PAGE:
Promises of jobs, money for town coffers, and an environmental buffer zone were not enough to convince Lakeville voters to support a Wampanoag Tribe of Gay Head (Aquinnah) proposal to build a $167 million casino in their community.
On a rainy wind-swept day, 1,735 voters said no and 172 yes to the project in a nonbinding referendum on Saturday, June 2. Turnout was 27 percent of the town’s registered voters.
In a similar vote on May 29, voters in Freetown also rejected a proposal to build a casino. The Freetown tally was 954-308 against the multimillion dollar proposal.
The Aquinnah Wampanoag tribe and its backers have proposed to build a $167-million casino resort on 500 acres straddling the two communities along Route 140.
Lakeville voters who opposed the casino plan described the negative effect they said it would have on their town’s quality of life and infrastructure, according to the Boston Globe.
After the vote, Wampanoag chairman Cheryl Andrews-Maltais said voters may not have fully understood the issues. Following the Freetown vote, Ms. Andrews-Maltais said, in a prepared statement, “The outcome was disappointing, but truly not unexpected. Confused voters vote no. Rushed voters vote no. Uncertainty results in a no vote. Risk of litigation results in a no vote. Lack of detail results in a no vote.”
Ms. Andrews-Maltais criticized the timelines associated with the casino bill that Gov. Deval Patrick signed last year. The law permits up to three casinos in Massachusetts, with the southeastern region license temporarily reserved for a federally recognized tribe.
Local approval is a requirement of the law, which provides the only two federally recognized tribes in the state with a head start before the process is thrown open to a commercial casino developer on July 31.
Taunton will hold a citywide referendum vote Saturday on a proposal by the Mashpee Wampanoag to build a $500 million casino in that city.
Monday, Governor Deval Patrick told the State House News service negotiations over a revenue-sharing agreement with the Mashpee Wampanoag tribe for a resort-casino license in southeastern Massachusetts are on track to meet the July 31 deadline for a compact to be in place and ratified by the Legislature. “We will finish the negotiations in time, and we’re trying to finish it early enough for the Legislature to have time to act on it before they go out of session. I think the conversations have been going very well. I’m regularly briefed and I should get updated again this week,” Mr. Patrick said.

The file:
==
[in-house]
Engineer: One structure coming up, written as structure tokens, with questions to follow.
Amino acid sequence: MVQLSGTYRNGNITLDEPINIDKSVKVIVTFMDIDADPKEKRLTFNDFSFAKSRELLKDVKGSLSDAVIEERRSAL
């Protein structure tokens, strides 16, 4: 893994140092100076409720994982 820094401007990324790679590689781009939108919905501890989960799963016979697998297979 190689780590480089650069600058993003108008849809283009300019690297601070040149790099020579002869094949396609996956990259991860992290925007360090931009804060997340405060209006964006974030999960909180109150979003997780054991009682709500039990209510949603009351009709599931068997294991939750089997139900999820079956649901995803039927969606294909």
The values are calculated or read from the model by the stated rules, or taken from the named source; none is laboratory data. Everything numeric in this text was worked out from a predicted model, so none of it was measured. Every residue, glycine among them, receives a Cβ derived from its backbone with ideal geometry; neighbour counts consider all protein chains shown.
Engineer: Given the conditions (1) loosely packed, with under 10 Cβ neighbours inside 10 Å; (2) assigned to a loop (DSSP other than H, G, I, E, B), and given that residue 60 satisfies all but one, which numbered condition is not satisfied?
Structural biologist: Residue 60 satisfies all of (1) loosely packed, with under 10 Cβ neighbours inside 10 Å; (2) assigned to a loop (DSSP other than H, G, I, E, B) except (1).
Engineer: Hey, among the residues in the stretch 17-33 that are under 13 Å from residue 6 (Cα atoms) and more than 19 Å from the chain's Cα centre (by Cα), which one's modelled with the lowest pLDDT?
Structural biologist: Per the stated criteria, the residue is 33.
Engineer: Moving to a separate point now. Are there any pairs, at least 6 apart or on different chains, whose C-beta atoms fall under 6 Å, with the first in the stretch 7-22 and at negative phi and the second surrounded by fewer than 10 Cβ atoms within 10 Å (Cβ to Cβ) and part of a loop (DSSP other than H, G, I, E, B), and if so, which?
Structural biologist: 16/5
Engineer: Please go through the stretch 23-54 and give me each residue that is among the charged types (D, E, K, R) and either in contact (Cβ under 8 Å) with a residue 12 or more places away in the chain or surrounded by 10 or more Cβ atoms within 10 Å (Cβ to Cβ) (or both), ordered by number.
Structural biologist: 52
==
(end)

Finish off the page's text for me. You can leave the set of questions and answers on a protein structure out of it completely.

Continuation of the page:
“If Aquinnah doesn’t get the opportunity to game under state law, we will be back again reaching out to the communities of Lakeville and Freetown to game under federal law,” Ms. Andrews-Maltais said. “The timelines are far more reasonable, and the ability to work closely with the host community in the critical planning stages is far more realistic.”
As a fallback position, the tribe has said that it would turn its as yet unused community center in Aquinnah into a “boutique” casino.
Aquinnah selectmen have said they will oppose any effort to develop a casino in the Island’s smallest town. Aquinnah town counsel Ron Rappaport has said the Wampanoag Tribal Council of Gay Head Inc. cannot legally operate a gaming casino in Aquinnah, based on the terms of the 1983 Settlement Act that preceded federal recognition of the tribe.